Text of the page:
Although she was soon able to be up and even go out into the yard and neighborhood with the girls, it seemed like a very short time indeed until winter set in. The snow was deep, and a two-year-old and a four-year-old had limited mobility when they did get to go outside. Even to them, it was often not worth the effort to put on hats, coats, leggings, and mittens along with anything else Momma or Grandma dreamed up to keep them warm. Although playing in the snow or sliding on the ice was fun, sometimes the cold fingers, toes, and noses made them wish they hadn't bothered.

Finally, it happened! Spring arrived! This particular day was a beautiful, warm, spring one. The two preschoolers, by now two-and-a-half and four-and-a-half and both very verbal, were giggling and running in the back yard. Their sweaters had long been abandoned. Their silliness was beginning to get on Daddy's nerves. He was a kind man but maintained two jobs in order to support his growing family, and they were constantly in the exact place where he was attempting to get a week's worth of yard work done in his one day off. When they weren't running back and forth in the new-found freedom of this spring warmth, they were trying to help as he raked old leaves, cut the grass with a reel push mower, dug holes and planted flowers and in general tried to make the property ready for the summer months.

In addition to trying to make the property nicer for their own use, he had, in the back of his mind, the idea that he might try to sell it. He had bought the first place he could find when he had moved his family. In those days of no cell phones, long distance charges, and at the most, one car per family, it was not easy to move eighty miles. He had to find a place where he and his expectant wife could stay, where she would be near the doctor and hospital, and he near his work. Part of the time he had to hitch-hike the eighty miles twice a week to go from his "southern" home to his "northern" one. Now, he only had one home'and a car, of sorts, at least. He might be able to afford a larger home that would better fit the family, and the job looked as though it would last for a while. All this was going through his mind while he worked in the yard.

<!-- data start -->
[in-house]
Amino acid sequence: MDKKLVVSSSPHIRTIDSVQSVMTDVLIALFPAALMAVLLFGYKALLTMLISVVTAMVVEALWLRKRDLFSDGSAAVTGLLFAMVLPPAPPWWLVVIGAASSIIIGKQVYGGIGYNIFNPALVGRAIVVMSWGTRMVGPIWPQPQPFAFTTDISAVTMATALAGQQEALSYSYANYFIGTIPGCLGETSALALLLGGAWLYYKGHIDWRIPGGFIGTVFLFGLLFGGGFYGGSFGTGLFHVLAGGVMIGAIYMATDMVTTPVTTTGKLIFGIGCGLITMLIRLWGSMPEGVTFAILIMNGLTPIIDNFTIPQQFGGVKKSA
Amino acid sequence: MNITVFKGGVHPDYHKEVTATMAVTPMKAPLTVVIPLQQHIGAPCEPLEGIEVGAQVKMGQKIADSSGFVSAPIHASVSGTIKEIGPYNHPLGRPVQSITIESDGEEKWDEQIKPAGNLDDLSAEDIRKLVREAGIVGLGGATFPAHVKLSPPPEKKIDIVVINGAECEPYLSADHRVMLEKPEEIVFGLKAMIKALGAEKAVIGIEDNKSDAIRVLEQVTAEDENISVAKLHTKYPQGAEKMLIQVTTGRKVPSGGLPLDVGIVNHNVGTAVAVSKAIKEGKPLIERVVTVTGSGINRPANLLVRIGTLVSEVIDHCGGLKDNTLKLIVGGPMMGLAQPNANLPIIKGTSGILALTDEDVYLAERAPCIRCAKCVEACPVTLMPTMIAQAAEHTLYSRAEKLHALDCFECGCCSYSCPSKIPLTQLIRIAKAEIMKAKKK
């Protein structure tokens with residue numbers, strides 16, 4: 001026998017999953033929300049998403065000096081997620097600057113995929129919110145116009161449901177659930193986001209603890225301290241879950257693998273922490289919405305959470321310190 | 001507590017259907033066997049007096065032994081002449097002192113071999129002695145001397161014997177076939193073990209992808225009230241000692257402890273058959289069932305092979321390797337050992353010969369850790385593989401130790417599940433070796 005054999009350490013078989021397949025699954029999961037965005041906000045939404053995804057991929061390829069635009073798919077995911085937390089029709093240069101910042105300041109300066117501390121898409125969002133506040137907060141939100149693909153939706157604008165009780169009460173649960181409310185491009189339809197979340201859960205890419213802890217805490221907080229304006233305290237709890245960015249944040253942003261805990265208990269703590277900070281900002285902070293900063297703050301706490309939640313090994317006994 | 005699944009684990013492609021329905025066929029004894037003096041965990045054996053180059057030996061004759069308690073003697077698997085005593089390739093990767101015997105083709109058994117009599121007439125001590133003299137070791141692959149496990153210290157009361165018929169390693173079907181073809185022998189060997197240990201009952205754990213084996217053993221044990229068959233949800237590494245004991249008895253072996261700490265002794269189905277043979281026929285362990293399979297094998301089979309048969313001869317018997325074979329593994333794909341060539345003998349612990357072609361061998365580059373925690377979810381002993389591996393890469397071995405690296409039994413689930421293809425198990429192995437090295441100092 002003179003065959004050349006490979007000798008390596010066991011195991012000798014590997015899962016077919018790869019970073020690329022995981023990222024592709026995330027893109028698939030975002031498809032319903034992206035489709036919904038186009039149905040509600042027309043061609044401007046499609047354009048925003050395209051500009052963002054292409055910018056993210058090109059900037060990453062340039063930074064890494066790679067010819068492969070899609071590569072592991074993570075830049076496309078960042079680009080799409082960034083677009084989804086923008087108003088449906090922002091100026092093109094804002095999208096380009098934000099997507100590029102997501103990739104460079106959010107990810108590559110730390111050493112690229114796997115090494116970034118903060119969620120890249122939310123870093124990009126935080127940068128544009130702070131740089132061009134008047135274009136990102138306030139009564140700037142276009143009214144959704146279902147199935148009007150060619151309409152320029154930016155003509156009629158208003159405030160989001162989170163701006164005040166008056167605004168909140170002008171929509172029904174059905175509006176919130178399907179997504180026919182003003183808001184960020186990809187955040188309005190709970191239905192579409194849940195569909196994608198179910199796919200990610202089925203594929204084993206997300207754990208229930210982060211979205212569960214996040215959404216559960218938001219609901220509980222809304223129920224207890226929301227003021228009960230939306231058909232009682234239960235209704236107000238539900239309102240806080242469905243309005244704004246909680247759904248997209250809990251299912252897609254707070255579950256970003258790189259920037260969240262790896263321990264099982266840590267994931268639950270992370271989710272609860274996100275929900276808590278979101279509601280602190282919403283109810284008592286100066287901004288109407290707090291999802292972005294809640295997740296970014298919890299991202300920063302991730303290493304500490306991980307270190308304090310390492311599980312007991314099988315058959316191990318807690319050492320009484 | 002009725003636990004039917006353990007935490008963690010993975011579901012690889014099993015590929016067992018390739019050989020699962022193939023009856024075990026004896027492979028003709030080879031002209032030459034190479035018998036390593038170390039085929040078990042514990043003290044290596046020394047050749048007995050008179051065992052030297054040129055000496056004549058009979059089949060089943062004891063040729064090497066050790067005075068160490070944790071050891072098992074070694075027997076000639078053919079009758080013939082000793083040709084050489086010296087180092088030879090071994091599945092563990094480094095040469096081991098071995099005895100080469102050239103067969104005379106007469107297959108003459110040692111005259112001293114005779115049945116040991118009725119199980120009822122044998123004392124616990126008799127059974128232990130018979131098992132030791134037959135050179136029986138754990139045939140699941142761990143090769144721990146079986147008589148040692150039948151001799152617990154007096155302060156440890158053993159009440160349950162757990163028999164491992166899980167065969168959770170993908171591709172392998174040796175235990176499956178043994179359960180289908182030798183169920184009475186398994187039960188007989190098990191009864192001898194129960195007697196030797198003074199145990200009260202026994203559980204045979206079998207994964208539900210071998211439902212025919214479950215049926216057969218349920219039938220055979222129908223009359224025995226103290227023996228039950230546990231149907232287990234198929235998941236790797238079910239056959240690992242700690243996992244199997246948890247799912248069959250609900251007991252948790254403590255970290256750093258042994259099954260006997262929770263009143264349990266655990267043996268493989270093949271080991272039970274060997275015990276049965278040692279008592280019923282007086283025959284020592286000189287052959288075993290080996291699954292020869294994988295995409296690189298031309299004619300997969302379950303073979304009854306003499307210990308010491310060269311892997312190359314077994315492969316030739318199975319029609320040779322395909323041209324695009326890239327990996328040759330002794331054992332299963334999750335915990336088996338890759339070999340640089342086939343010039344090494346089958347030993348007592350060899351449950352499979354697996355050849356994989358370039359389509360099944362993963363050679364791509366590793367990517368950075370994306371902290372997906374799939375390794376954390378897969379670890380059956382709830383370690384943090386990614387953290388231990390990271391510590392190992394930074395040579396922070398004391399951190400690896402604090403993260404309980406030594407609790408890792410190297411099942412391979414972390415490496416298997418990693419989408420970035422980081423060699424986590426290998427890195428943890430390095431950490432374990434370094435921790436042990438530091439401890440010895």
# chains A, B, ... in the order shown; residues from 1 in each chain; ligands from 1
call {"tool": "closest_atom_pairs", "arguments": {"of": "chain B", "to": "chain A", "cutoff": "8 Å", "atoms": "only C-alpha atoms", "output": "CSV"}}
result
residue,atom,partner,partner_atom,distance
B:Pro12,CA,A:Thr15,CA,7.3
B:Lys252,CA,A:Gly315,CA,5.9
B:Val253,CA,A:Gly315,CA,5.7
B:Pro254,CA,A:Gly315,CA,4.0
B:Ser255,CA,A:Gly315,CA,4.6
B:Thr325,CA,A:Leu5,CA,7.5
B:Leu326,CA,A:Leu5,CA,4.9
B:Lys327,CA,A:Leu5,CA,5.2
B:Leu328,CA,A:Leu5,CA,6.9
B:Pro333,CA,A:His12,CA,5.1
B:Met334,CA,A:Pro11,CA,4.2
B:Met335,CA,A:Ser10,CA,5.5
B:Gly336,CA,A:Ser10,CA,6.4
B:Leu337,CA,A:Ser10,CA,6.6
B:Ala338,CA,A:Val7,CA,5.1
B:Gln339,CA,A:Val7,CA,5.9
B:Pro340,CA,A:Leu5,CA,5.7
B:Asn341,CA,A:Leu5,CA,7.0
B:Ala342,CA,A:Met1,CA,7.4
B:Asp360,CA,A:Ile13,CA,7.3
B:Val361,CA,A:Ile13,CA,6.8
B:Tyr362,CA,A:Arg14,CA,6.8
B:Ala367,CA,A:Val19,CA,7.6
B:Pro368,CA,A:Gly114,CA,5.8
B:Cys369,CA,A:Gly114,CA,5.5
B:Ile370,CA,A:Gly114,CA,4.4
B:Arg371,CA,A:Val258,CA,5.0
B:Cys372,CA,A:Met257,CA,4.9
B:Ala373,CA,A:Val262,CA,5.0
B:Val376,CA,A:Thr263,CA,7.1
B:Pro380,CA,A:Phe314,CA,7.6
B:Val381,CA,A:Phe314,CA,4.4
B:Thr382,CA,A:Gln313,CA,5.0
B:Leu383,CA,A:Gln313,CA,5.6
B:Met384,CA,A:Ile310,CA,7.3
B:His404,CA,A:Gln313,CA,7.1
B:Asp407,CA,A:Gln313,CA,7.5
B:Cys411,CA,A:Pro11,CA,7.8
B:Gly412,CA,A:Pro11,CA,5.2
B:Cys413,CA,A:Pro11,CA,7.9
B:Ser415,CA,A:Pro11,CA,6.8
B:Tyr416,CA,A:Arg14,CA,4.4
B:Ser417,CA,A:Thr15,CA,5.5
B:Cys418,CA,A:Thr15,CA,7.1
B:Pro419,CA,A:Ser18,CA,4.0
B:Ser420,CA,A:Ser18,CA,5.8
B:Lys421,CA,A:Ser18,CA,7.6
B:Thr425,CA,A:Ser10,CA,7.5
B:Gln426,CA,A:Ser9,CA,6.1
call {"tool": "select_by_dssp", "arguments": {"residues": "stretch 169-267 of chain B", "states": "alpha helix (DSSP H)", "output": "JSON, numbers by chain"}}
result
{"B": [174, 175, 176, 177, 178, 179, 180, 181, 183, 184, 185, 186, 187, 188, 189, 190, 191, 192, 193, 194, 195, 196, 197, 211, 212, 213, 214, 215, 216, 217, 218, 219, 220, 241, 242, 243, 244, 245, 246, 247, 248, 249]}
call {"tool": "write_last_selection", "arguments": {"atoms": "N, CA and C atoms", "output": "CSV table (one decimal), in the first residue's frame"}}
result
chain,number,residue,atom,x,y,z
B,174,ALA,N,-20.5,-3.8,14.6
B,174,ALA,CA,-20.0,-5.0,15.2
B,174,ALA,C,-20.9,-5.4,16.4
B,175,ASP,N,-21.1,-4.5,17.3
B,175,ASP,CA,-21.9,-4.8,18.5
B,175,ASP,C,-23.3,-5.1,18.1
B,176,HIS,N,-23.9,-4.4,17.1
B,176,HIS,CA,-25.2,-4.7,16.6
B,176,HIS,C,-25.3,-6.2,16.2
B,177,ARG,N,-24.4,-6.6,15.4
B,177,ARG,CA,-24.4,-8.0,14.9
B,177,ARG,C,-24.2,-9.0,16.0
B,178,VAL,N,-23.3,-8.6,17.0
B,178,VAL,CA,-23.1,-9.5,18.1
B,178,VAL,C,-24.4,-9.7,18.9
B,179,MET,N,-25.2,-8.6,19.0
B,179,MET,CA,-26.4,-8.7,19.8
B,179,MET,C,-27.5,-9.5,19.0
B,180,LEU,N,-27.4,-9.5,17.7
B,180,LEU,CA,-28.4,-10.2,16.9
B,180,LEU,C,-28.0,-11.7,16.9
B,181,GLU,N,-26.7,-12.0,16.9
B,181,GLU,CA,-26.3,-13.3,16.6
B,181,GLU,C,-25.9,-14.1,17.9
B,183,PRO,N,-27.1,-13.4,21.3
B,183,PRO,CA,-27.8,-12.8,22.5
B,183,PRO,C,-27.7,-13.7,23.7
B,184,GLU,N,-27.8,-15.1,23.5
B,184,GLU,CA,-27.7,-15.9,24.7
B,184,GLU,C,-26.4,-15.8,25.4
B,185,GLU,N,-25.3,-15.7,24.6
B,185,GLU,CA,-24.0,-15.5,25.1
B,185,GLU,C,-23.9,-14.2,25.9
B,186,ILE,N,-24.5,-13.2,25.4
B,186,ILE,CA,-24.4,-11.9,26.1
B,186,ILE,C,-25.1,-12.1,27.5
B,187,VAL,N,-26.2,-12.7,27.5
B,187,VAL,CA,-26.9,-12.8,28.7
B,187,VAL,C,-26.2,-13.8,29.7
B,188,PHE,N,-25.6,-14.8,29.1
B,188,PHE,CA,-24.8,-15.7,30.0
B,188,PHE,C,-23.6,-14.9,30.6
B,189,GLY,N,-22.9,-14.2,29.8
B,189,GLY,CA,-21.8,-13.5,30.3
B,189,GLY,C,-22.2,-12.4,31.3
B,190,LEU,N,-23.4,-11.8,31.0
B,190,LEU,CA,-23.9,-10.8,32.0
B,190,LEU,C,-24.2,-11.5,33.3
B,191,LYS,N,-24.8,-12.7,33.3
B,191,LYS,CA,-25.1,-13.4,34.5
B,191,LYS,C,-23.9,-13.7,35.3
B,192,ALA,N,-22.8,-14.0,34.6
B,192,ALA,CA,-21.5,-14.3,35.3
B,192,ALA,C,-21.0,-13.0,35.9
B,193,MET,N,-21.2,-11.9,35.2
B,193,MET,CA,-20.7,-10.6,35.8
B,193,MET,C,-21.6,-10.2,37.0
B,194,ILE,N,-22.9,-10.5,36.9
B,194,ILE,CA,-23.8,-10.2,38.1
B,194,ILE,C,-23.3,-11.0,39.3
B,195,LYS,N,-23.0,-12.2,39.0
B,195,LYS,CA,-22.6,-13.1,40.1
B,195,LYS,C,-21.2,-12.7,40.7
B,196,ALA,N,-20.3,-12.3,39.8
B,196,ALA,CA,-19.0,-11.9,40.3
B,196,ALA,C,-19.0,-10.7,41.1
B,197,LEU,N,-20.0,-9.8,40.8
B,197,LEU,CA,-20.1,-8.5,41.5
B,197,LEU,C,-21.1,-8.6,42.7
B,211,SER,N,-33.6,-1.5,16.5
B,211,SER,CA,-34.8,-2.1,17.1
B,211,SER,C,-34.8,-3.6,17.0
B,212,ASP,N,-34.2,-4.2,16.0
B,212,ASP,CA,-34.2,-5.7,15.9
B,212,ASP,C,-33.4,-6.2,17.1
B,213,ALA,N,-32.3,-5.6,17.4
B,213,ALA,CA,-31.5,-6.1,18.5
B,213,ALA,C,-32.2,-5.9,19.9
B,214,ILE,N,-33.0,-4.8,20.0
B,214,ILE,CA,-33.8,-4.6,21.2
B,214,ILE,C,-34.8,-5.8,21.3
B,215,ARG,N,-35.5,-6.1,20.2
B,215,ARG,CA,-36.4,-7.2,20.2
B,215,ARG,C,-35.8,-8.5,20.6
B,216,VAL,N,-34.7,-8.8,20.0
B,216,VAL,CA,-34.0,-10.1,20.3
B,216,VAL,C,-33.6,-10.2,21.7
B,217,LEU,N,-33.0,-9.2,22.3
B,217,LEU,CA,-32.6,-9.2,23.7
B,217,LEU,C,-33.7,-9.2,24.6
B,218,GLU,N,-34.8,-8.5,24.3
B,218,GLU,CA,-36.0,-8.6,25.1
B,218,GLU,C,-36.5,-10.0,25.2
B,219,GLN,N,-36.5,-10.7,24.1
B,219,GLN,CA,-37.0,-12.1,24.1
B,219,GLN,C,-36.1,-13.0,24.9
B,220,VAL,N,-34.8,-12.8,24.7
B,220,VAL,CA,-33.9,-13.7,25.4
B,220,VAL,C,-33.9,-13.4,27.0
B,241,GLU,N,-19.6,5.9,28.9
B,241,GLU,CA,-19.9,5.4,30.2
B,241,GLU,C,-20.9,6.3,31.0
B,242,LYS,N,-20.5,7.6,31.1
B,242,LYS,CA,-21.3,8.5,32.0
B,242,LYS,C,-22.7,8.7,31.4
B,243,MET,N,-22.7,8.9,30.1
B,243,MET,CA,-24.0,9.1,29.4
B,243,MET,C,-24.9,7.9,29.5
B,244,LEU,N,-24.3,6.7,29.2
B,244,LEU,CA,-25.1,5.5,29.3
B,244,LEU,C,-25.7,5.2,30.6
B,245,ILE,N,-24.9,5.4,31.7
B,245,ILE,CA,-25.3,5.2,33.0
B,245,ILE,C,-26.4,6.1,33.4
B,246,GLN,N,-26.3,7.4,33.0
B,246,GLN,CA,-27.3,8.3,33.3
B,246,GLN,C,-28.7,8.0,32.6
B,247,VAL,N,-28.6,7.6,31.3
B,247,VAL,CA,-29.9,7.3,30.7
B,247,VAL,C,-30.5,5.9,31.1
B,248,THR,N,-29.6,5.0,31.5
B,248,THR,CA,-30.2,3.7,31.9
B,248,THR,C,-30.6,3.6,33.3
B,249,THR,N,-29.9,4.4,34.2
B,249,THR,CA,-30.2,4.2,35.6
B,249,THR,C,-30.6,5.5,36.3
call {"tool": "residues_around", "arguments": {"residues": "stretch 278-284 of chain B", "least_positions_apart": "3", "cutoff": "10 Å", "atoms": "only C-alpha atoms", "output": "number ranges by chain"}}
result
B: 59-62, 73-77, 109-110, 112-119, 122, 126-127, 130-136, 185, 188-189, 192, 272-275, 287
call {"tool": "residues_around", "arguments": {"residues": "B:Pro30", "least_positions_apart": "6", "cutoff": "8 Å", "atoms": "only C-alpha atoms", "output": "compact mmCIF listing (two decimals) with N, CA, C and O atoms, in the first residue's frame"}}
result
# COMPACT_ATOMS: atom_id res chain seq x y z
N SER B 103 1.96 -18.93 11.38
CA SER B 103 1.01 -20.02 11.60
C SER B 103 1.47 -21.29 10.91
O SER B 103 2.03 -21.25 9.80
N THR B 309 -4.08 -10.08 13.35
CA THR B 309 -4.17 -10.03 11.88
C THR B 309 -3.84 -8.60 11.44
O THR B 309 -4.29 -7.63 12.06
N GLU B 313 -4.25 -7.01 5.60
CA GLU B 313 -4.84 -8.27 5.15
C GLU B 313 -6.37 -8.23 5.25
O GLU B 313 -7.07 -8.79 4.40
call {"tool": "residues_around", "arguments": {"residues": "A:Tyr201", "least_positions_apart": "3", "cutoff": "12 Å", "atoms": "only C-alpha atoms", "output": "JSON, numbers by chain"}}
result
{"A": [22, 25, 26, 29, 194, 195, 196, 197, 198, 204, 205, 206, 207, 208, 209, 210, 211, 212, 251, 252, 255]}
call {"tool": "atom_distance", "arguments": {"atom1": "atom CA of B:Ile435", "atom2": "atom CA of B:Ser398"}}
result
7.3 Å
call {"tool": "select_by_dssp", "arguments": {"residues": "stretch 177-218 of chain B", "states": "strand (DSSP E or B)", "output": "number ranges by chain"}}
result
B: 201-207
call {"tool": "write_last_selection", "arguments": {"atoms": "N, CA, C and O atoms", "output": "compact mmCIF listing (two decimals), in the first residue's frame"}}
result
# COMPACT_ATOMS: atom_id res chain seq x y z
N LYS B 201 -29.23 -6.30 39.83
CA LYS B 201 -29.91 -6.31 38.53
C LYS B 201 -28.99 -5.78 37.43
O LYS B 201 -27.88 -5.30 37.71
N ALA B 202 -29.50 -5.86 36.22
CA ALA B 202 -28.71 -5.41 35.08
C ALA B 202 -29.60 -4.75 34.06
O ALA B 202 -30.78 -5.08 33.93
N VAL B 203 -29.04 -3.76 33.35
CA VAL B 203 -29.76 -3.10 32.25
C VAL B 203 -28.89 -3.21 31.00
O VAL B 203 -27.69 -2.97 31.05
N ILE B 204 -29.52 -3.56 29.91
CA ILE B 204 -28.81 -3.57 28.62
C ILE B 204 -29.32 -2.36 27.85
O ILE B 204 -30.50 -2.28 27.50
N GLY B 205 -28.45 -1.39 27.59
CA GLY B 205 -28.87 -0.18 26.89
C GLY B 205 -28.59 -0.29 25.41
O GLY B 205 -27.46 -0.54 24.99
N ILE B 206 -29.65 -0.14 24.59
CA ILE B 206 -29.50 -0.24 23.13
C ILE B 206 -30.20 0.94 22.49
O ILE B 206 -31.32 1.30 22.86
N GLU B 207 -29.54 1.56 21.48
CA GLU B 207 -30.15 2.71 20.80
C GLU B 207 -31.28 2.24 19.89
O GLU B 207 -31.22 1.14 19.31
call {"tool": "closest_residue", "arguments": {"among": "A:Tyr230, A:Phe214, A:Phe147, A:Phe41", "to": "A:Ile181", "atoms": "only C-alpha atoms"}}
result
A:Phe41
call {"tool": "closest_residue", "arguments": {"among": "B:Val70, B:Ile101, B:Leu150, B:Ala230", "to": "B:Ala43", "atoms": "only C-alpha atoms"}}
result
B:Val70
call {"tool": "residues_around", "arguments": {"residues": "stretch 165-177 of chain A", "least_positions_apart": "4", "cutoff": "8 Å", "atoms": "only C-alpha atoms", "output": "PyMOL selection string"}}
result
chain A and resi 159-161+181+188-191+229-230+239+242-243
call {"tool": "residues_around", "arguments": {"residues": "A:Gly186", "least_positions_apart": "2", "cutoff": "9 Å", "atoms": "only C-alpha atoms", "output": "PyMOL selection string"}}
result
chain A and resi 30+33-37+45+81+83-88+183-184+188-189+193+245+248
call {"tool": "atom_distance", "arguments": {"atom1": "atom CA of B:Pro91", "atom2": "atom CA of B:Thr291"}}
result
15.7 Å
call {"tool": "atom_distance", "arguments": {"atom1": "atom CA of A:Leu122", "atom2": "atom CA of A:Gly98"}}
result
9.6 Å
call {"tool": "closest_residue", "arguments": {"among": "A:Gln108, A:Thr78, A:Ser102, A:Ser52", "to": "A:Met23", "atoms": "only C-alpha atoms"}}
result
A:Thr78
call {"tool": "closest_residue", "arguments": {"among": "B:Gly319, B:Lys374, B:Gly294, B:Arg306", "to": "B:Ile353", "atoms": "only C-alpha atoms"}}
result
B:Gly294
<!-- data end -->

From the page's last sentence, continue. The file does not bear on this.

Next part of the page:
"Sandy, Shelly, come here," rather sternly.

"Yes, Daddy," came two small voices in unison, not even seeming to hear the stem tone of his voice.

"I want you two to go over and sit on the steps. Don't move for at least five minutes."

"Yes, Daddy," came the same small voices, not subdued or afraid, just small.

"May we talk?"

"May we sing?"

"Yes, you may talk and sing. Just don't move. I have some work I'm trying to get done, and you're getting in my way." The girls took hands and went toward the steps leading up to the back door of the house. Sandy, the older of the two, did her best to skip, bouncing the hand of her little sister as they went. She didn't quite have the skill mastered, but she didn't really care. She was satisfied with her efforts. As the two sat side by side on the steps, they whispered, giggled and talked for one whole minute. Then they were silent for perhaps thirty seconds, trying hard not to move as Daddy had said. After that, they sang "Jesus Loves Me" a couple of times and "Happy Birthday" once to no one in particular, but because it was a song they both knew.

"Daddy, can we get up now?" Sandy called.


"No, It has not even been three minutes. I'll tell you when the time is up."